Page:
Joe Te Pania’s “Maori Economic Plan“, surfaced shortly after Labour’s 1984 Election victory, with the taxpayer funded Maori Economic Development Summit held in October that year.
At least two members of the conference steering committee, (Jackson Smith and Pat Shepherd) were Socialist Unity Party members.
Others included well known radical Syd Jackson, Georgina Kirby of the Maori Women’s Welfare League and the late Bob Mahuta, of the Tainui Trust Board.
The Conference, held at Parliament Buildings, attracted 194 delegates, was a who’s who of Maori radicals, nationalists and Marxist-Leninists.
Pat Hohepa and Tipene O’Regan were there, as were several Maori unionists, ex Communist Paul Potiki, several Workers Communist League associates and a host of SUP connected activists.
Ostensibly the conference was organised to construct a programme for Maori economic development.The outcome however was not the programme for reduced government controls, lower taxes and increased individual initiative, that Maoridom desperately needed.
As Jackson Smith wrote in a Tribune article entitled “Summit Says Retain Taha Maori” , “What emerged very strongly was a continuing attraction to collective work; collective decision-making; collective enterprises. . . In a world where capitalism destroys rather than retains traditional and cultural values, the retention of taha Maori is a major concern.”
In other words, Maoridom’s self appointed leaders wanted no part of free markets and individual enterprise. Jackson Smith’s “Maori primitive communism” was to be the blueprint for the Maori economic renaissance.
No wonder we’re still waiting for it.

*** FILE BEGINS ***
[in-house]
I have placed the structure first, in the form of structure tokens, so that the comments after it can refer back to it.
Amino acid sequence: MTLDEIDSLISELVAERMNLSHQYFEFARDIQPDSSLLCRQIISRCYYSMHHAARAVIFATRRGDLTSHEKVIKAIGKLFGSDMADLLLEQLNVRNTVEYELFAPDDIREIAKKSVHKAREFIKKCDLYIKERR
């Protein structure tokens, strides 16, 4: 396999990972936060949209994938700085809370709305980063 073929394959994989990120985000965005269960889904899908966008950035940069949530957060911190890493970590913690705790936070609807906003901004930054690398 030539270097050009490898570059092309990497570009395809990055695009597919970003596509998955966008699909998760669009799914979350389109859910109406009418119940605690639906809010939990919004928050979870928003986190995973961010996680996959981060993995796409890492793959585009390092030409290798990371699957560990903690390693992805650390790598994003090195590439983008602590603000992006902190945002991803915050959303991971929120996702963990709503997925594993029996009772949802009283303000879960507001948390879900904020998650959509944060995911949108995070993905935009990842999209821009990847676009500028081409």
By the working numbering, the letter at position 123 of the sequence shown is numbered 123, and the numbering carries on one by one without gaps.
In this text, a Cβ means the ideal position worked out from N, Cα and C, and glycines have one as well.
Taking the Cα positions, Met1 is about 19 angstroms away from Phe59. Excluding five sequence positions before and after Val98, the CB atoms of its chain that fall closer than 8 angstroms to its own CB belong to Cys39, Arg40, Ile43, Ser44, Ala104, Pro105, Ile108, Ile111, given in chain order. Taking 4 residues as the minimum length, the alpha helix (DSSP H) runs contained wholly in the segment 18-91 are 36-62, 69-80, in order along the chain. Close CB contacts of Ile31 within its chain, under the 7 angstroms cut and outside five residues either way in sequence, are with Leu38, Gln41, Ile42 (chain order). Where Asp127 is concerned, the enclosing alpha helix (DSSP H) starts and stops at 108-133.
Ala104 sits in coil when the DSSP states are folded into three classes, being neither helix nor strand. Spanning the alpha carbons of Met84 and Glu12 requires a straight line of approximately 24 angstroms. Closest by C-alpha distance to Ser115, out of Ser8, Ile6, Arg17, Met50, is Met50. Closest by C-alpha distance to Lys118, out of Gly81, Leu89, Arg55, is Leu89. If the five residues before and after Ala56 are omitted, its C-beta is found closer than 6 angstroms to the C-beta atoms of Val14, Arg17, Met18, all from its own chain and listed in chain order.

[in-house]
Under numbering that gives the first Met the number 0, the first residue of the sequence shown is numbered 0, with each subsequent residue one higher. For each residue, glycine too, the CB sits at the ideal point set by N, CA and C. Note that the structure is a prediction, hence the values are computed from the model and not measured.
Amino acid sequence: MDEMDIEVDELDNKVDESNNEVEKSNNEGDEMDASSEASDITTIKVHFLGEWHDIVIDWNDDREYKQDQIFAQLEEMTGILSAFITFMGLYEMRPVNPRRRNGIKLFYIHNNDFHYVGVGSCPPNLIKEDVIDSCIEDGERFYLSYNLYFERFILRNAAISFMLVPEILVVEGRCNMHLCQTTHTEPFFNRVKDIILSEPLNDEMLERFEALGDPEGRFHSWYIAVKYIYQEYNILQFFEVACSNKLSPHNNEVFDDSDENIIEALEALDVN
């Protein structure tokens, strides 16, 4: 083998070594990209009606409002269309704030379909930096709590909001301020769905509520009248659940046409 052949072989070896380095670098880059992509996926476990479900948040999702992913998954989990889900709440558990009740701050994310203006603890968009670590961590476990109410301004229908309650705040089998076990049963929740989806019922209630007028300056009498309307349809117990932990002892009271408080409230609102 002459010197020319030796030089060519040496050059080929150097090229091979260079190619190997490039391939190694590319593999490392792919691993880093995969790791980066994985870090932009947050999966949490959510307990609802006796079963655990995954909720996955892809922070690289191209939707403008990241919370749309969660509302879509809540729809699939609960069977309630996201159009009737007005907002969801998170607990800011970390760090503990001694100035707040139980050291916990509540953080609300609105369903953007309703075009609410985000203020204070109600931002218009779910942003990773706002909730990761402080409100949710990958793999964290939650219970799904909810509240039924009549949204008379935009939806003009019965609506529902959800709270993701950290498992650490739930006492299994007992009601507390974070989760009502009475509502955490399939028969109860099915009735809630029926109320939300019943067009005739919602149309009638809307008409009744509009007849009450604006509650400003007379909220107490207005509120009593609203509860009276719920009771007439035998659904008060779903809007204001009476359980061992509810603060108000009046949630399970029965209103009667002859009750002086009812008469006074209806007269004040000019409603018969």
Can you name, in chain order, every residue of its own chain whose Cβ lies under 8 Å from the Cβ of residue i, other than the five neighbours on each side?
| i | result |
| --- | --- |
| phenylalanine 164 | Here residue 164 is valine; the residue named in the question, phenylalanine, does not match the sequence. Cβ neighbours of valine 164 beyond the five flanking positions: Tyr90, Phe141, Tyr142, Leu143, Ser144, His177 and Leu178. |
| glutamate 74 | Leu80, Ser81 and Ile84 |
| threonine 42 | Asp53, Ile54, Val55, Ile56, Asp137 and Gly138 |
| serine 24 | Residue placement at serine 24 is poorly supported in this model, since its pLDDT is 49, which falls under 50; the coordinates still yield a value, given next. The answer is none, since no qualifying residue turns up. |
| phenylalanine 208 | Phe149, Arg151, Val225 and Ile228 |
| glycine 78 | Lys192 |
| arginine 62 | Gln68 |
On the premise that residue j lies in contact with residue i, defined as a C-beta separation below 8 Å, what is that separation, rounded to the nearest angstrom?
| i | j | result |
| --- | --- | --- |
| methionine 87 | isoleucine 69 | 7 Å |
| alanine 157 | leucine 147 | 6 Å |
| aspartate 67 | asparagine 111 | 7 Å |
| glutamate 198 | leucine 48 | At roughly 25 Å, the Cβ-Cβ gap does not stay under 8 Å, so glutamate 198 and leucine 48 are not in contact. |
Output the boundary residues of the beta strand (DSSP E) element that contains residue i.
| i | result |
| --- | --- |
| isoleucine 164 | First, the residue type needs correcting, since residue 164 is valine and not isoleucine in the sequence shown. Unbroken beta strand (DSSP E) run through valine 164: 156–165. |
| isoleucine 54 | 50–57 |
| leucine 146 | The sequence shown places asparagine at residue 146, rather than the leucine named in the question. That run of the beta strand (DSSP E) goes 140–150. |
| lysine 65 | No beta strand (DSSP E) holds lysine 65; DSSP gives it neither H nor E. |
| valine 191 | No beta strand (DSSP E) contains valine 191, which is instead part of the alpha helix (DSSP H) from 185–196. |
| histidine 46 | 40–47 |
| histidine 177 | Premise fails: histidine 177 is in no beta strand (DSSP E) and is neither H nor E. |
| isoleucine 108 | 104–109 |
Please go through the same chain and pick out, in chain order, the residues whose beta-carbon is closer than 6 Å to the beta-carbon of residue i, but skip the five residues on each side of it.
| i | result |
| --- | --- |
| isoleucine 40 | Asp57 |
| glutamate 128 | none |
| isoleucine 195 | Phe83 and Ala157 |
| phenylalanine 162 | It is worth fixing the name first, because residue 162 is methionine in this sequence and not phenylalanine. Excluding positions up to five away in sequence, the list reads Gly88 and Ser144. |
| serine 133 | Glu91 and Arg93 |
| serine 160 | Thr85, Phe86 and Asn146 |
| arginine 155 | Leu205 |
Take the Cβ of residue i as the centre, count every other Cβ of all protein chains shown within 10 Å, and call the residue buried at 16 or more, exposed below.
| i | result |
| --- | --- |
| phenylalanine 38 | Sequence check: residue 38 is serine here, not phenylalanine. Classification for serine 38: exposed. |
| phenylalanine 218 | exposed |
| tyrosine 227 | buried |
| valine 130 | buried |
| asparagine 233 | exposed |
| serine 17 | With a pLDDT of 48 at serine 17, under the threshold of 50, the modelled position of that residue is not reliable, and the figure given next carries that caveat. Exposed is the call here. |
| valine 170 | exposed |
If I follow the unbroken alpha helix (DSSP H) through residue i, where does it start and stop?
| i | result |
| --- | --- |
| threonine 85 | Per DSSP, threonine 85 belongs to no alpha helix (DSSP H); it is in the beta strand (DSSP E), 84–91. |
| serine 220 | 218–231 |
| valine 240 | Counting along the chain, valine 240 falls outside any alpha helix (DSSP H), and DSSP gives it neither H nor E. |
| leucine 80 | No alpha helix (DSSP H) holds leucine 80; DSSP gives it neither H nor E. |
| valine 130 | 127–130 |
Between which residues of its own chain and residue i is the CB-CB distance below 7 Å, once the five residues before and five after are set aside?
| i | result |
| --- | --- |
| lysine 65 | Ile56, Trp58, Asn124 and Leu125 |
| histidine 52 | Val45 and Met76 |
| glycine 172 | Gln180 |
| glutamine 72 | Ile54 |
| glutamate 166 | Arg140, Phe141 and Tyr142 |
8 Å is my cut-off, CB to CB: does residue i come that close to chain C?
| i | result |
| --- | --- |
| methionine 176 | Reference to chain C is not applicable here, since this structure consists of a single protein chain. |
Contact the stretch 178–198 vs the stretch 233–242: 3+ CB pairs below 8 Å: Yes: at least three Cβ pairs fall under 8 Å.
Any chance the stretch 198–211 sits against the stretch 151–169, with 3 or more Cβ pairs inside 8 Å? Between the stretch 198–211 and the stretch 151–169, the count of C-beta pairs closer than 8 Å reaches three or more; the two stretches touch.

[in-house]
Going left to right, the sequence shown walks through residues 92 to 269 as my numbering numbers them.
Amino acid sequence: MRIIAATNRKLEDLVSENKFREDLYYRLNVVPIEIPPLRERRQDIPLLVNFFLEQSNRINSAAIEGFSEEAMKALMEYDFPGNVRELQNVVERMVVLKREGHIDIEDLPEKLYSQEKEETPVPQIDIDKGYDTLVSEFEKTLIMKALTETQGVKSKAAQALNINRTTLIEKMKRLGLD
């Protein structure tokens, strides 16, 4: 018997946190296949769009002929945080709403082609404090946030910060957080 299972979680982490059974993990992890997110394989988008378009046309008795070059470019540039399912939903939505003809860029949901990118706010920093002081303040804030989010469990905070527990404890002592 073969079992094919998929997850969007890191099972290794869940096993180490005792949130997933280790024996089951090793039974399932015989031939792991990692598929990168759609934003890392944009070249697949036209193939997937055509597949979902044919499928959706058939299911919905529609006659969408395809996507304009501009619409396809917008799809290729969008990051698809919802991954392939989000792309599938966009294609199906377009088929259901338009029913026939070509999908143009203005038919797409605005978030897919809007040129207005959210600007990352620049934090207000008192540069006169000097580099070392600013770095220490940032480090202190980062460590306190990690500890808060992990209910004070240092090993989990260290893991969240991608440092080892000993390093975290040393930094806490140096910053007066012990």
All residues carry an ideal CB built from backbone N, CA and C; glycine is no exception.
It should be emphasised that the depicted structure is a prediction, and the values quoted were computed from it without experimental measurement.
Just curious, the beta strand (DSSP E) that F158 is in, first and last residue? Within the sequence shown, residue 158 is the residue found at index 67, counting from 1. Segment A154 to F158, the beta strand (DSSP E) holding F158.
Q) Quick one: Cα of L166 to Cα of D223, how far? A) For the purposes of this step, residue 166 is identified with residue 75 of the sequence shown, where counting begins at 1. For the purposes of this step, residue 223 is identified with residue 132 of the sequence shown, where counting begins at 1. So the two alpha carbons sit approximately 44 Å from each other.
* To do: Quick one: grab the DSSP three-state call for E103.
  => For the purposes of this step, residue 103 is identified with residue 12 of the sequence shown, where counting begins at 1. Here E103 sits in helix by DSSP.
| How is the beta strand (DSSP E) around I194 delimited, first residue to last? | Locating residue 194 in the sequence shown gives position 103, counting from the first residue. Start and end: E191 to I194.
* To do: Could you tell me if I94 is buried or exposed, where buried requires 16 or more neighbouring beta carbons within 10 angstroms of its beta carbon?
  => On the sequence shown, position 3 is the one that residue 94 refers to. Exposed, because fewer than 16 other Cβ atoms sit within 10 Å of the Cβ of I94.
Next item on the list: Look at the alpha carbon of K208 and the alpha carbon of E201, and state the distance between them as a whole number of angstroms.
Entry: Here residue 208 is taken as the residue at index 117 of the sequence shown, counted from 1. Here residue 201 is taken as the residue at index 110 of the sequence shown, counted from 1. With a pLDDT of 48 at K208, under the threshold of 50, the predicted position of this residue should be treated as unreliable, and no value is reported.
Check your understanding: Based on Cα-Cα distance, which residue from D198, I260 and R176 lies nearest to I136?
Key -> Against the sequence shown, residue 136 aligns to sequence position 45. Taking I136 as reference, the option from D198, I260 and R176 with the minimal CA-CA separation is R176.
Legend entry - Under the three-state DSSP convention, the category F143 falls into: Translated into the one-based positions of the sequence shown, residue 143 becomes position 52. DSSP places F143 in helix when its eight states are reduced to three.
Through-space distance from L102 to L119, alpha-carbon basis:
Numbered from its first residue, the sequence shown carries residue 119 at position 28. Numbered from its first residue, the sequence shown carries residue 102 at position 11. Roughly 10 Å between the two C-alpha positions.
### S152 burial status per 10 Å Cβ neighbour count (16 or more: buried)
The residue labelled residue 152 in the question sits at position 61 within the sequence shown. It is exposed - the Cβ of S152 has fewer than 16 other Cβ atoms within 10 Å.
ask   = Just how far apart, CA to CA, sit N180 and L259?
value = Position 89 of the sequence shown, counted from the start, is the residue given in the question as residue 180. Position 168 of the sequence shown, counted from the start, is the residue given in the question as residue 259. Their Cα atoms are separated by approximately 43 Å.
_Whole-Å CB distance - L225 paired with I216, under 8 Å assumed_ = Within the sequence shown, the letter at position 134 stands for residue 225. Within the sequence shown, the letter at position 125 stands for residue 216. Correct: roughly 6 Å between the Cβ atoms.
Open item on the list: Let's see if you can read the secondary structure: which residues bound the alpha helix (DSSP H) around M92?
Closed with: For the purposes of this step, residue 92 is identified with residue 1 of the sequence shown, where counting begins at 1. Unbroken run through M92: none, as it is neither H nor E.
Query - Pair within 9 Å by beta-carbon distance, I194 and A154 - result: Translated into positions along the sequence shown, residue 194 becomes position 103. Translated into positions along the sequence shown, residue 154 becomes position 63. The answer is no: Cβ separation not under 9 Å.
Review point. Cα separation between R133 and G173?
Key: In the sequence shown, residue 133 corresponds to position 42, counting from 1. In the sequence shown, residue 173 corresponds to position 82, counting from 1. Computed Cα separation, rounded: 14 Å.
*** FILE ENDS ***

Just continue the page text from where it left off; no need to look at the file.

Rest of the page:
The Summit marked the beginning of an accelerating transfer of taxpayers money into Maori hands. A series of Maori Access schemes were born which saw huge sums channelled to radical and gang sponsored “work schemes“
Jackson Smith, coincidentally, became chairman of Maori Access in Wellington.
Another result of the Summit was the Maori Economic Development Commission, set up in December 1984 by the Labour Cabinet.
Ripeka Evans played a key role and was appointed as a consultant and executive officer to the Commission. Evans worked on two major projects: a study of the impact of “negative funding” on Maori people and a report on broadcasting.
Flowing on from this, in late 1985 Evans accepted a position as consultant and executive to the Mana employment-enterprise development project team set up by the Maori Affairs Department
In 1985/86 This project team extracted $13,500,000 from the Labour Department and dispatched it to 22 tribal and regional authorities for schemes allegedly designed to create Maori employment. Another $14,000,000 was wasted later.
Around the country the pattern was the same. Maori business was to be a tribal, collectivist enterprise, designed not to boost individual wealth, but to build tribally based economies and increase Maori political clout.
Ngai Tahu Trust Board leader Tipene O’Regan put it bluntly on the TVNZ programme “Faithfully Yours” of, 6th of December 1988.
“We are committed, tribally, to the communal and tribal ownership of resources. Its the thing the pakeha used to call the beastly communism of the Maori – We’re pretty keen on it.”
To overturn an existing social order you need a strong economic and political base.
Marxist-Leninist support for Maori tribal development is about building up a Maori “Nation State” within New Zealand’s borders. A “Nation State” capable of challenging established power at all levels and winning substantial concessions from the government.
As Jackson Smith told the SUP national conference of 1985;
“It could well be that the development of a Maori Nation which was not achieved through a united resistance to invasion by a recognisable enemy (the British Army) could be accomplished by a Maori Unity developed as a result of fight-back against deprivation and indifference. This attempt to unify Maori people is a most important prerequisite of Maori self-determination”.